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5 Myths about English in London

English spoken in London is a complicated affair, but is fascinating in its ever-shifting forms. Let’s take a look at some entrenched beliefs.


1. Everybody speaks the Queen’s English.

Arguably the Queen’s English does represent a standard form of British English known more technically as Received Pronunciation (RP). This accent has been a prestigious form, spoken by the upper classes and for anyone aspiring to “better” themselves.
However, 21st-century Britain has witnessed a decline in this accent, with some sociolinguists claiming it is only spoken by about 3% of the population. While characteristics of Received Pronunciation align most strikingly with other accents spoken in the south and south-east of England, in a reverse of fortune, its prestigious status has taken somewhat of a knock and is now considered by many as sounding stuffy and elitist.


2. BBC English is the one to learn

What better way could there be to get a glimpse of English than to tune in to the BBC? In a similar vein to “the Queen’s English”, until the turn of the century, you could regularly hear an RP accent on nationwide serious programmes, such as the news, as well as with the continuity announcers. But in tandem with the decline in use of this accent, the same range of programmes are now fronted by speakers representing the UK’s rich variation of accents.
So to say that you want to learn BBC English is to say very little. Which BBC English do you want to learn?


3. If you live in London and don’t speak English like the Queen, then you must be a Cockney.

A popular dialectical form of English does still survive in London. Traditionally perceived as an accent of the working classes who lived near enough to hear the Bow bells (a church in East London), it has a notable set of phonetic characteristics, but is more famous for its “secret” language knowing as rhyming slang; an alternate world of simple words substituted for complicated rhyming couplets.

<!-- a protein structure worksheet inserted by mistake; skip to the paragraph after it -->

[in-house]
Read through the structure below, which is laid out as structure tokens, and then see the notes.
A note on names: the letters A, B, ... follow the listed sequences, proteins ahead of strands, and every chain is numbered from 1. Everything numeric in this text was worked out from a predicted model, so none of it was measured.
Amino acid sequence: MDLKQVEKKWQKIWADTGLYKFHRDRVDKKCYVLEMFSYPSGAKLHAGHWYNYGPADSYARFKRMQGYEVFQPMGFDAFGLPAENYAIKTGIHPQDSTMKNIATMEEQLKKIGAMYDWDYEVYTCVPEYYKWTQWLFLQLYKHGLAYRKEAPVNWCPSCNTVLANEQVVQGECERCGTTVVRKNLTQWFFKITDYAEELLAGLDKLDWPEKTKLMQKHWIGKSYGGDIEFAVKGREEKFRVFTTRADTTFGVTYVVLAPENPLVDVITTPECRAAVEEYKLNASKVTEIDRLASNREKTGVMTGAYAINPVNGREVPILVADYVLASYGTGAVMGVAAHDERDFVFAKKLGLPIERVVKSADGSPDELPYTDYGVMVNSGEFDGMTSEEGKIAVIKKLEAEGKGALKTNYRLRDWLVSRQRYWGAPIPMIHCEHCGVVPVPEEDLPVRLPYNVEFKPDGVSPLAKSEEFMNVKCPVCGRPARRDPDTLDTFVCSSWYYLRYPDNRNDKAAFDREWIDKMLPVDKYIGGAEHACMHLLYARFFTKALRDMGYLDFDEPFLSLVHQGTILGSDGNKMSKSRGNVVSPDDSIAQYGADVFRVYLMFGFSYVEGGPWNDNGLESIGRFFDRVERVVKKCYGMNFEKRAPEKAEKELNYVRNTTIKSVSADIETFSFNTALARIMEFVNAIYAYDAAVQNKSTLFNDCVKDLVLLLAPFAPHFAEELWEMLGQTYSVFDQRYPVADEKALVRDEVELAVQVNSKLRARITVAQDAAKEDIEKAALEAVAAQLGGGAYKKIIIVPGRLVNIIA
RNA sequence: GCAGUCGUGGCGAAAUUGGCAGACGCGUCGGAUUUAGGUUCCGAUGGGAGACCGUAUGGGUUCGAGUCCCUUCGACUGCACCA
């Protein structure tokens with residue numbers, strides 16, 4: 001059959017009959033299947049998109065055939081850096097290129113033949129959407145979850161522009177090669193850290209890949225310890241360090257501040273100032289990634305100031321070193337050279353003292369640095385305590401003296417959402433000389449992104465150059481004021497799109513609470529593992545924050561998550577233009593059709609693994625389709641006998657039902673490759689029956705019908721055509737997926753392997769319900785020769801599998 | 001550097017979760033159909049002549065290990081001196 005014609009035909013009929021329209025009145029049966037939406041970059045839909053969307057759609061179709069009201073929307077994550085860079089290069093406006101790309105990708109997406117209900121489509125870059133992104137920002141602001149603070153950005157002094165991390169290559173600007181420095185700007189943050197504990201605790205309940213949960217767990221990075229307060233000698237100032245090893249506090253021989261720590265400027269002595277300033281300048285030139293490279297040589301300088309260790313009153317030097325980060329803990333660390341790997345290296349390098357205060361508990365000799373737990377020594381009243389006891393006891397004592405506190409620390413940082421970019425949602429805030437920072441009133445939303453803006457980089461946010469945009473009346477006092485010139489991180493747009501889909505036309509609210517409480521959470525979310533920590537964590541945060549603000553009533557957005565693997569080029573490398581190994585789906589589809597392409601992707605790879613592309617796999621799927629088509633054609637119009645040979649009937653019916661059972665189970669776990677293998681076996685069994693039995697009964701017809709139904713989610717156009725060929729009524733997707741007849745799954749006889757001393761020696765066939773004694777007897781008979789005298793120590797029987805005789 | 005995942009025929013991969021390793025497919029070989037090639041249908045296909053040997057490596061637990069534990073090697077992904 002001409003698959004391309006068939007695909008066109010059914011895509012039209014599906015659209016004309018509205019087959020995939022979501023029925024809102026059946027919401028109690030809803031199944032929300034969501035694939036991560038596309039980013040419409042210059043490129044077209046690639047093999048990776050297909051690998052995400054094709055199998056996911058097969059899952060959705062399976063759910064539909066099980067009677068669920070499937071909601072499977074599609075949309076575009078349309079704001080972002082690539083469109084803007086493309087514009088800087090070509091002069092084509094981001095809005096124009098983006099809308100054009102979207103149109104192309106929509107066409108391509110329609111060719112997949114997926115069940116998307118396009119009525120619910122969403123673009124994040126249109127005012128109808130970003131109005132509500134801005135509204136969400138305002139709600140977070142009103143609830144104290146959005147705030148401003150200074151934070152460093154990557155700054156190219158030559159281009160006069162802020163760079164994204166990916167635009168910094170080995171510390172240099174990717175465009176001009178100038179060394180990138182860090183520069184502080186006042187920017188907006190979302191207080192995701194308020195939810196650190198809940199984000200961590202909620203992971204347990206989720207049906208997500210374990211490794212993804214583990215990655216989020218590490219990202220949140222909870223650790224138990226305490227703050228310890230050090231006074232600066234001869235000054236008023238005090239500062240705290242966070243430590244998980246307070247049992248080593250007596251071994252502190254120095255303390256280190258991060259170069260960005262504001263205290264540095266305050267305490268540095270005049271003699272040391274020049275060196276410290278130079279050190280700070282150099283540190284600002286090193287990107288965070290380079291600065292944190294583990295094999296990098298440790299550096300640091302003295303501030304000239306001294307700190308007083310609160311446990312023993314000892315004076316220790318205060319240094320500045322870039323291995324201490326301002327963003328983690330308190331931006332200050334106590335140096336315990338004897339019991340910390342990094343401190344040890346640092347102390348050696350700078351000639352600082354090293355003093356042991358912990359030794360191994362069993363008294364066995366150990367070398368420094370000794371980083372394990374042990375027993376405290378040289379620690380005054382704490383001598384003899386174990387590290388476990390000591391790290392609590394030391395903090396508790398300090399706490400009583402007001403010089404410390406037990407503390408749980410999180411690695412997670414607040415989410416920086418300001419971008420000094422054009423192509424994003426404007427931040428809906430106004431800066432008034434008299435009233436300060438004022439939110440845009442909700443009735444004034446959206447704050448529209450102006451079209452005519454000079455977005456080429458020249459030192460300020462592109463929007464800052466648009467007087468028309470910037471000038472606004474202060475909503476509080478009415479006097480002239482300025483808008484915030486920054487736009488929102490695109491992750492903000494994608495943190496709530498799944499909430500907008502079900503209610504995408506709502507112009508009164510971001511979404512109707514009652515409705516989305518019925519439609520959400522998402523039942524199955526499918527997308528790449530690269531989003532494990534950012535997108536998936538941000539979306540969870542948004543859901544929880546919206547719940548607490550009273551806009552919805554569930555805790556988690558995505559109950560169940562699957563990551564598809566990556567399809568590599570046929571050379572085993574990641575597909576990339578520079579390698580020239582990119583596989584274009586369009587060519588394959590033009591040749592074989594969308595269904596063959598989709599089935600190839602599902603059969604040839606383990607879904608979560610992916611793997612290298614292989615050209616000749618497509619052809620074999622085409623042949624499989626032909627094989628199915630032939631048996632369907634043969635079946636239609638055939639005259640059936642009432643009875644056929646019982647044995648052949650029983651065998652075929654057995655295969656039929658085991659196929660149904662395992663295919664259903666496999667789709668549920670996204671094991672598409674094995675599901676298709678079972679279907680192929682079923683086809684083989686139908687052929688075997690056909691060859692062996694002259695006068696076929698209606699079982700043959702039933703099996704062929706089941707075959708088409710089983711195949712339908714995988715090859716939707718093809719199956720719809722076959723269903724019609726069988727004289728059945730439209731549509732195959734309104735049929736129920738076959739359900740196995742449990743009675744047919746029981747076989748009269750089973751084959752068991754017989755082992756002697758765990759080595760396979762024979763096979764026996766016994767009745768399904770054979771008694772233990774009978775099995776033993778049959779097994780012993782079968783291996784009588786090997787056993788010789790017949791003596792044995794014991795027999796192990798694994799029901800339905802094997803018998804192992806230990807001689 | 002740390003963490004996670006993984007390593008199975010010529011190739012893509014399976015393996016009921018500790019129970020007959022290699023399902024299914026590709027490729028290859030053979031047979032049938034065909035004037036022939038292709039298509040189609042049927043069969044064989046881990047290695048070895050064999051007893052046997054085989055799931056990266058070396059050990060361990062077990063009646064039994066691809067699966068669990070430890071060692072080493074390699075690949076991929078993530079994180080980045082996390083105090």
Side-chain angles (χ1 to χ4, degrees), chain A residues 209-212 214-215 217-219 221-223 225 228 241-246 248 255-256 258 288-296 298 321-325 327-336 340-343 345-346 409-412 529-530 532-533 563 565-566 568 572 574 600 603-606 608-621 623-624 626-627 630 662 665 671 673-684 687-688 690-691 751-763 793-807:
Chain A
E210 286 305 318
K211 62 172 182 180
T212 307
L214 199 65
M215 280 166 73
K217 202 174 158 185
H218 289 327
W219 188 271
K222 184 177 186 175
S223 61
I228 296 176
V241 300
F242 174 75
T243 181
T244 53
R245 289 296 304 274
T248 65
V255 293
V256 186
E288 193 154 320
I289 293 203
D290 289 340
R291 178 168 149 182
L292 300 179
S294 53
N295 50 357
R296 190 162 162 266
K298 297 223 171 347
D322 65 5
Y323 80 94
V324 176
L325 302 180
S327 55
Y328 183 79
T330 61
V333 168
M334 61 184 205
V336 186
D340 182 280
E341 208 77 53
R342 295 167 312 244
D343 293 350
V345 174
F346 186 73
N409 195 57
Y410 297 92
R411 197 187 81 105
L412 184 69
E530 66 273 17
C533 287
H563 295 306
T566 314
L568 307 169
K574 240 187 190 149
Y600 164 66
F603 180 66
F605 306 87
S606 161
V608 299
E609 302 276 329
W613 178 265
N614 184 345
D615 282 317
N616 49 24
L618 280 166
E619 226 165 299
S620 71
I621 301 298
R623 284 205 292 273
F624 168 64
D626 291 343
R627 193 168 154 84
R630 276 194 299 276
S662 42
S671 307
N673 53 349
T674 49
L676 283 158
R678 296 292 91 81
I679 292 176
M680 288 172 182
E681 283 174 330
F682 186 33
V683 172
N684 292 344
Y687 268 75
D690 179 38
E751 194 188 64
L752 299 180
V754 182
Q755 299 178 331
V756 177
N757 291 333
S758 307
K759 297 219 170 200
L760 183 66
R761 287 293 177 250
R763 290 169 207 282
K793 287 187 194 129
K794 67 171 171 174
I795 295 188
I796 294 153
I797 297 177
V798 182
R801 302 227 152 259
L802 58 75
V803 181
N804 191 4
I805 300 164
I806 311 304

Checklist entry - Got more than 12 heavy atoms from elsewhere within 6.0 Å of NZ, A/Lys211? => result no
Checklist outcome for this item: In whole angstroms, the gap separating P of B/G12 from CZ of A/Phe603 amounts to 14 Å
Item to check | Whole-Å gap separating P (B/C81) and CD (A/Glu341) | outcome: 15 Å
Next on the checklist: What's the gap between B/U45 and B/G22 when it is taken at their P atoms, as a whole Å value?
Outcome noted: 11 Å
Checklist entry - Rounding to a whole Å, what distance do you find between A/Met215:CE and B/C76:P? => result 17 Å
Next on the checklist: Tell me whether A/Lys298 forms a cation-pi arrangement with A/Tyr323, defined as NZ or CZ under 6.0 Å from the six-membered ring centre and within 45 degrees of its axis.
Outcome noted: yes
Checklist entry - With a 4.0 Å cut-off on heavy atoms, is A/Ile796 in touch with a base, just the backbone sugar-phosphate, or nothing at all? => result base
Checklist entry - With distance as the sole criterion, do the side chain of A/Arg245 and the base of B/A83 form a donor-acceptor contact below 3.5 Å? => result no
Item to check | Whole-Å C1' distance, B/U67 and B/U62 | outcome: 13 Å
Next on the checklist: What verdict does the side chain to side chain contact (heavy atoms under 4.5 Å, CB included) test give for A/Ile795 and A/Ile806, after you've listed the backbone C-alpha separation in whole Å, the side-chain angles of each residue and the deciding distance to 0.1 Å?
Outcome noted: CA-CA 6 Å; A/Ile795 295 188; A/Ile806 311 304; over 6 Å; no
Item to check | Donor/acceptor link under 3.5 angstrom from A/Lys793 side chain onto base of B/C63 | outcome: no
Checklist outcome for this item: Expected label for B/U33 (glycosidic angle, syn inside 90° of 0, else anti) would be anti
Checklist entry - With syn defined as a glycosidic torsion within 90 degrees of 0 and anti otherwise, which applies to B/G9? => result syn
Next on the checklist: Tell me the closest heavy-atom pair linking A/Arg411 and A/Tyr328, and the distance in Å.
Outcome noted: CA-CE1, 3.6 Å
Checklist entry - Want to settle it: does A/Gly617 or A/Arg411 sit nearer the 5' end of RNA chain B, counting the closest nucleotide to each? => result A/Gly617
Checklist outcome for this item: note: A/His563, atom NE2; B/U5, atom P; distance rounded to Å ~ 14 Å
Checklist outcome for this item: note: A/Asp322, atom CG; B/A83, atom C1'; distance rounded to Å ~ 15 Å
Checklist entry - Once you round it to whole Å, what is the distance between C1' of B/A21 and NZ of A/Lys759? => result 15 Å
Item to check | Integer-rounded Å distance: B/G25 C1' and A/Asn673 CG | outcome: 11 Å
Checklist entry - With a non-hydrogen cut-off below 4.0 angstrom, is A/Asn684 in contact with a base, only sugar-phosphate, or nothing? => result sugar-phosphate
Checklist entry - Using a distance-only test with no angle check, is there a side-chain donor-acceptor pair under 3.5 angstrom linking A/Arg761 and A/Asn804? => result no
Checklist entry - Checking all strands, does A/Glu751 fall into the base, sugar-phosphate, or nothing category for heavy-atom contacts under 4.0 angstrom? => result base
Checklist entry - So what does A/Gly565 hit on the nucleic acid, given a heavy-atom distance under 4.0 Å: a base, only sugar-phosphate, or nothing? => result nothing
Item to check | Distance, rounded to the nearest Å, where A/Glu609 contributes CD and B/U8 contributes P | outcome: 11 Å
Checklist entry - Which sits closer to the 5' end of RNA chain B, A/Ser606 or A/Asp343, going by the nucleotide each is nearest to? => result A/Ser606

Now for some truths. It is a thriving accent but is spoken by many regardless of their birthplace, and for whom most would have grown up anywhere in the London area. But it’s not an either/or situation: RP or Cockney. These days, many people living in the Greater London area, speak a “weaker” form of Cockney, perhaps using less rhyming slang than their Cockney neighbours. This form has been labelled as Estuary English. Others meanwhile speak something closer to RP, but with a few traces of Cockney blended in, and could be described as speakers of Standard Southern English.


4. English in London is the Englishman’s English

Wrong. As a diverse cosmopolitan city, attracting people from around the world, it is very common to come across forms of English that do not have their origins on UK soil. Waves of immigration from the Caribbean and south-east Asia witnessed native speakers of English settle in London and continue to use their form of English. Varieties of Indian English, Jamaican English would fall under this category. The second generation of these families born and bred in the UK would often acquire the accent of their local peer group, sounding as authentic a Cockney as the boy next door whose family had lived for generations in Bow.
Then you have a wide use of English as a lingua franca. Competent speakers, but nonetheless non-native speakers from every country imaginable use English every day to achieve their goals and aspirations as anyone else would.
So what is authentic English in London these days? Go figure!


5. English in London is basically the same as “British” English everywhere else.

Whether you speak the Queen’s English, Estuary, English, Cockney or some blend of all of these, it doesn’t mean that English is spoken in the same way across the United Kingdom. While it is true that most native speakers from the UK can easily understand and identify another regional accent from a different part of the country, there are many local accents which provide a rich and interesting reality of the way English is actually spoken. There is really no such thing as “British” English. Someone born in Edinburgh will have a different accent to those born in Belfast, Cardiff or London. While the vocabulary and grammar is largely the same all over the UK, our tiny nation is home to many local accents. So the next time someone asks you if you are studying British English, ask them: which one?!


4th May 2018